May 23, 1917
Tomorrow is Victoria Day, or ‘Empire Day’ as many still call it. I was reading some of Wilfred Campbell’s poetry, I forgot the title of the book, but it was something like ‘Ode to the Greater Empire’. Tomorrow is going to be a big celebration and Annie was busy preparing for the better part of the day today. By comparison, Shannon spent the day drinking and telling tall stories to his guests. I heard some talk about Zeppelins and the Park airship service he wants to set up. Public relations, he calls it. I call it sloughing around.
On the balance Shannon is a good man. Sometimes. What really keeps him on the straight and narrow is the wrath he gets from Annie when he goes astray. I feel for Annie, she’s the one that does the lion’s share around the lodge and that is certainly the case for the holiday.
Shannon is thinking about organizing a regatta tomorrow. Unfortunately he has little notion beyond that it involves boats in the water. We talked about it and the idea of a regatta devolved into some sort of canoe race out and back. We’ll figure out the logistics tomorrow.
I spent sometime talking to Dr. MacCallum. He’s had enough of canoeing and the outdoors (after our rain-soaked trip) so he’s been staying by the fireplace. Arthur starting having eyes for Mildred (Shannon’s daughter). He’s a bit older than her and watching their to-ing and fro-ing has put a smile on more than a few of our faces.
Dr. MacCallum is still aghast at the idea that I might go out to West. He tried to broach the topic a few times over the day, but I was short in my replies – I simply shrugged my shoulders and kept on talking about other things. He also chided me for not sending anything to the OSA Spring Exhibition this year. I could feel my guard go up. For sure I needed the money if a sale came through the exhibition, but I did not want to be subjected to the critics. I wouldn’t do that for any price. He said he’d try to put a few of my sketches on consignment. Bill Beatty’s got a shop at Scotia Junction, so when he leaves he’ll take some sketches for Bill to sell. Scotia Junction’s a good spot because of the connection. The Park-bound tourists from Toronto and from Depot Harbour are well-heeled and like to buy souvenirs of the Park from Bill’s store.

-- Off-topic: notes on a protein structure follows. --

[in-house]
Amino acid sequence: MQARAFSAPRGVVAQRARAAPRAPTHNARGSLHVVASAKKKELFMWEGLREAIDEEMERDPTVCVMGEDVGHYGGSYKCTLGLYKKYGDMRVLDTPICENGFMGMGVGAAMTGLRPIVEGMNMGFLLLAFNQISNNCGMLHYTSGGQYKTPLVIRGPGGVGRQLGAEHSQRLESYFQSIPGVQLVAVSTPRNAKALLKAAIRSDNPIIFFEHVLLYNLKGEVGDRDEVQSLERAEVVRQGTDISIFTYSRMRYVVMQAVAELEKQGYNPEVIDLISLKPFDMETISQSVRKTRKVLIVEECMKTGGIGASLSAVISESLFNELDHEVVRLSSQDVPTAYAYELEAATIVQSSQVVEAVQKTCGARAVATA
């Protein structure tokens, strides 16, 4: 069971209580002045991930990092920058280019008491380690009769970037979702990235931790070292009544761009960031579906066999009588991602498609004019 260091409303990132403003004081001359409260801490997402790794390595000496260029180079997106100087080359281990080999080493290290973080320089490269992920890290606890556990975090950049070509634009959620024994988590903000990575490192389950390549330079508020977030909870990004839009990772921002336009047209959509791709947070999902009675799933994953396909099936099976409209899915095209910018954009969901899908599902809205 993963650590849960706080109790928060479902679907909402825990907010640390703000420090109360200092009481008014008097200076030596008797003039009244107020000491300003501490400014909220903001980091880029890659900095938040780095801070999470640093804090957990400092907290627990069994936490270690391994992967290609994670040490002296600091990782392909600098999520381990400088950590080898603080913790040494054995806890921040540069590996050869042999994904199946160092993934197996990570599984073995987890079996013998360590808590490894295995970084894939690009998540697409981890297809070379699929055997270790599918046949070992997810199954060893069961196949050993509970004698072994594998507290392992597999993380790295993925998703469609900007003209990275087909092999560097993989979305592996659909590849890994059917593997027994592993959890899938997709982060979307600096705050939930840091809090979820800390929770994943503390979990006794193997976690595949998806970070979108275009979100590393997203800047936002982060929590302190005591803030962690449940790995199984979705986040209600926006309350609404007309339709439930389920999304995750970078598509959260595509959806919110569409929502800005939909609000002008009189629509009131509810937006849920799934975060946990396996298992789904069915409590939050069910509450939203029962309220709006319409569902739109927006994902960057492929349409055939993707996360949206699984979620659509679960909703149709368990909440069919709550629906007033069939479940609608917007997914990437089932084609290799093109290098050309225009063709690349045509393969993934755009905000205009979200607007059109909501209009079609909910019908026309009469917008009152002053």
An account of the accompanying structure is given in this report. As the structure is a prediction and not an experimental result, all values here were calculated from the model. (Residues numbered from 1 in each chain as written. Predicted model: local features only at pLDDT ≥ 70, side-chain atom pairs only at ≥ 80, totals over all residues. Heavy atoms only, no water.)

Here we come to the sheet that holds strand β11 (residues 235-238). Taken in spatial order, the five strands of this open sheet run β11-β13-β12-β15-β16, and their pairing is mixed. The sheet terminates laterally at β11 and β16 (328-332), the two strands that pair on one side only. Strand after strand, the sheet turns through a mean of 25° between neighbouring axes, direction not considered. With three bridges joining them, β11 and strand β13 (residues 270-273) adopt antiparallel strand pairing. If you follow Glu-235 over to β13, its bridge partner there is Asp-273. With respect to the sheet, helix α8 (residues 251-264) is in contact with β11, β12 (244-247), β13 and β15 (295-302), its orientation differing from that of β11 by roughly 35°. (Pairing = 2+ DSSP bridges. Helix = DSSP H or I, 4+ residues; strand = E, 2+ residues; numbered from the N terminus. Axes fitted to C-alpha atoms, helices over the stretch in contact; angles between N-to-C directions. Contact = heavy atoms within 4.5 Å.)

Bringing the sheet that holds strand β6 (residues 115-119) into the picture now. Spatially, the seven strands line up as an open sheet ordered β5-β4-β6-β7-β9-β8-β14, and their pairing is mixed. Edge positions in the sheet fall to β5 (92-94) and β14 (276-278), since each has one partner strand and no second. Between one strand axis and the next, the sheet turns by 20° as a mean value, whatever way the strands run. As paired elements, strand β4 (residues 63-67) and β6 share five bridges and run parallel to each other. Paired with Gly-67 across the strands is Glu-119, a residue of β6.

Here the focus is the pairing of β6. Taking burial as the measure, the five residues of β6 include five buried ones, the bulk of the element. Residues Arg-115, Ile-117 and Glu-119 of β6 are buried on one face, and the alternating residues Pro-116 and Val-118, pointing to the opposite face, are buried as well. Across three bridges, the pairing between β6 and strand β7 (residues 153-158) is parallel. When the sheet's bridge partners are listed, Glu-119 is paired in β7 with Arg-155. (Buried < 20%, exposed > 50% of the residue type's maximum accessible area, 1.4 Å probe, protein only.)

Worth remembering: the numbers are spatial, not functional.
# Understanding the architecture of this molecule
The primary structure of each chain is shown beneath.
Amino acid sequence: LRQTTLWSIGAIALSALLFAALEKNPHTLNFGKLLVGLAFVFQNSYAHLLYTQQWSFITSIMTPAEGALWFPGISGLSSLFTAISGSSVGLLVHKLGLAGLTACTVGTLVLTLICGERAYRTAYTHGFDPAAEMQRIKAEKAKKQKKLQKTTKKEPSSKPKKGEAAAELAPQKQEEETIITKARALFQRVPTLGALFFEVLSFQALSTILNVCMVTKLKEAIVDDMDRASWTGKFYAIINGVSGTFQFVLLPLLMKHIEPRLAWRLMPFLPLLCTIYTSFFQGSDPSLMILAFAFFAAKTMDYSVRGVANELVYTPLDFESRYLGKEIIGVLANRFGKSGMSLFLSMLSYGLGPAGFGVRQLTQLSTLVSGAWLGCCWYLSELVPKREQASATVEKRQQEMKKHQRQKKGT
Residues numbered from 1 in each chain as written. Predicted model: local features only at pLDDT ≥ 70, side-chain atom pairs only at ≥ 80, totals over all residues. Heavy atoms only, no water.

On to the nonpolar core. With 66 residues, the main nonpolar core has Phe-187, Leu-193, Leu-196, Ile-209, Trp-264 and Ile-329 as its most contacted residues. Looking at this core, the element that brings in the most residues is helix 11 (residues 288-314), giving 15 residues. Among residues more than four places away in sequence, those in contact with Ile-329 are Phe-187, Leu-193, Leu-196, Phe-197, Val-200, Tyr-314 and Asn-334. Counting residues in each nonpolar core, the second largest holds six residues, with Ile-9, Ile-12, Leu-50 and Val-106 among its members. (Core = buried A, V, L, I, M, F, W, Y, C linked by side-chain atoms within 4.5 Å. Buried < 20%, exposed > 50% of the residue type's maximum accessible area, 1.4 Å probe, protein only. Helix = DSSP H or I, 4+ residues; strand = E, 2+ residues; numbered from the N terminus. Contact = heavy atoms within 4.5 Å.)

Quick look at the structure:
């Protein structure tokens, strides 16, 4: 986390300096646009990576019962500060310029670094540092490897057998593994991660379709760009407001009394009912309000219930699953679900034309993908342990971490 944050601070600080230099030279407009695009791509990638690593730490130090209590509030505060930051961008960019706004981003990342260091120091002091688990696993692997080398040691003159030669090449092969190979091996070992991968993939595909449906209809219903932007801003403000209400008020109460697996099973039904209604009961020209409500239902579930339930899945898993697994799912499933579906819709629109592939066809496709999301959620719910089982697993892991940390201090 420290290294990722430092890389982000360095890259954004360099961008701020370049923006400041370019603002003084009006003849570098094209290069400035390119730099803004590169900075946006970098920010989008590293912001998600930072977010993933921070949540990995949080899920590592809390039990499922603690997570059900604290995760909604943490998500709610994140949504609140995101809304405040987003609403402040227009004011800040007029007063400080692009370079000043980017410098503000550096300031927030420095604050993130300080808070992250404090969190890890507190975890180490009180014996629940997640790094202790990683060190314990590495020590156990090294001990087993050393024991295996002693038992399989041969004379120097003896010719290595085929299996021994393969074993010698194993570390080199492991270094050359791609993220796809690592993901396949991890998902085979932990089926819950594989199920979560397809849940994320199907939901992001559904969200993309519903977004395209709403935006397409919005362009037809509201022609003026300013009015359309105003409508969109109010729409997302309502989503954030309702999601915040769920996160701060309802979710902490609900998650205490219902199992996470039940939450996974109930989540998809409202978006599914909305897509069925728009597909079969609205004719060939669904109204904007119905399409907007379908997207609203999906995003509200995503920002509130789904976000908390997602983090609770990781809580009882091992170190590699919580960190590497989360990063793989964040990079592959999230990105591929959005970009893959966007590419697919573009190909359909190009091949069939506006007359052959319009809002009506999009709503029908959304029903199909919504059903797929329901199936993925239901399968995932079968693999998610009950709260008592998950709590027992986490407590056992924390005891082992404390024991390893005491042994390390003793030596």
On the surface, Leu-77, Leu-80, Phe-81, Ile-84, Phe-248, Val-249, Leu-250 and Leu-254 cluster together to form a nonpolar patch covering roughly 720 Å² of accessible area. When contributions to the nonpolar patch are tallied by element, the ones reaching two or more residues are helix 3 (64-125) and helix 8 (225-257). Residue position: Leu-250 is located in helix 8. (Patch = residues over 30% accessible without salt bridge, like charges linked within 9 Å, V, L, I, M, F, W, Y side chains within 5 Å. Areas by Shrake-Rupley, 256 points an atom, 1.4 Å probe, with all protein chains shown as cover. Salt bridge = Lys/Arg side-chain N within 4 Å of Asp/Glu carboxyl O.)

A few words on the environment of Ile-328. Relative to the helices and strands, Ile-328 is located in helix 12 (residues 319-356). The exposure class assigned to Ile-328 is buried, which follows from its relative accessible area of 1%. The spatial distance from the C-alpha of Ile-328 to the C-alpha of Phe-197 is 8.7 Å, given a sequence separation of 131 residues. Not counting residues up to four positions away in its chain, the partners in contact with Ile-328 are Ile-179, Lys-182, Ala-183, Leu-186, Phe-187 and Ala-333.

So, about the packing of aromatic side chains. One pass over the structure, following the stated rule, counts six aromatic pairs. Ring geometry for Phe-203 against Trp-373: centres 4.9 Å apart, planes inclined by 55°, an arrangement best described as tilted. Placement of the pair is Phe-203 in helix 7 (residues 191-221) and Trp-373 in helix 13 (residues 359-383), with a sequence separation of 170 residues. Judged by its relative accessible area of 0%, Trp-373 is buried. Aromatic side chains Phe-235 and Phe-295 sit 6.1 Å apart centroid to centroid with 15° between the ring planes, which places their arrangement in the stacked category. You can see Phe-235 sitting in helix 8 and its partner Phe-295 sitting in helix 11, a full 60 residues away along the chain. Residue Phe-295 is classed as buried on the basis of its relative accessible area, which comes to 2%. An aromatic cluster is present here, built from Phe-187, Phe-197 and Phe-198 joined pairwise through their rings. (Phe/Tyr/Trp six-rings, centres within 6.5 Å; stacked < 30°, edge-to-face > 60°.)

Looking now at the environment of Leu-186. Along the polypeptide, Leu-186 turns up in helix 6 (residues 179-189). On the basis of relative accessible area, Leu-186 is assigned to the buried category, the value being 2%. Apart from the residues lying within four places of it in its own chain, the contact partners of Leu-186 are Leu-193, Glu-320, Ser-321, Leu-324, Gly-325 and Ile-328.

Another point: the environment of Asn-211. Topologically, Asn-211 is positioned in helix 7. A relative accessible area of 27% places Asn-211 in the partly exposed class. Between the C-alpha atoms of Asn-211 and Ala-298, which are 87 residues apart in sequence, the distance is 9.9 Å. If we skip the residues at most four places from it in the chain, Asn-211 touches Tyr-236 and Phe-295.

Sketching season is pretty much done. It’s too green now and the bugs will be ferocious until July. With the sketching behind me I plan to do some guiding and help plant the gardens for the Trainors and Frasers. The rule of thumb in the City is to have your garden in by Victoria Day but that’s a risky rule here and things are usually a week later. Judging by the temperature fall this evening, we may even have frost. Sometime frost can be as late as June here. Overall, the weather has been pretty cold and bad and I have only camped a few nights and I’ve been keeping my room at the lodge.
I visited Winnie later in the afternoon. I must admit that things seem a bit awkward between us. I can understand why. She started asking me about the money Shannon owed me and I told her about the arrangement we had where some of the loan would be used for my room and board at the lodge. Winnie was also worried about the conscription bill and what it meant for me. I told her I didn’t want to talk about it, I had more immediate worries and then it came out – she wanted me to marry her. What could I say? Before I even had a chance to react, she said I needed to get the money back from Shannon and that I needed to buy a new suit. The ceremony could be in Huntsville in June and that we needed to find a place.
I felt like I was standing helplessly on the middle of trestle bridge with a train barreling in from the end. There were two options – face the inevitable fate or jump off into the waters below. At that very moment, Winnie’s father Hugh, came out onto the porch, and what was an intensively private conversation turned into bland pleasantries. The contrast was too much and after a few moments, I bid good afternoon to them both. As I was leaving, I announced to Winnie that I would come down tomorrow evening to bring her back to the lodge for dinner. Hugh said he might come up later tomorrow evening to see the show. With that, I made my departure back to the lodge.
Shannon was there upon my return. Annie had gone to bed, so the whisky bottle came out. Dr. MacCallum was in bed, or in his room reading. Shannon and I shared a few shots and smoked our pipes by the fireplace. I had a feeling that tomorrow, there would be a perfect storm.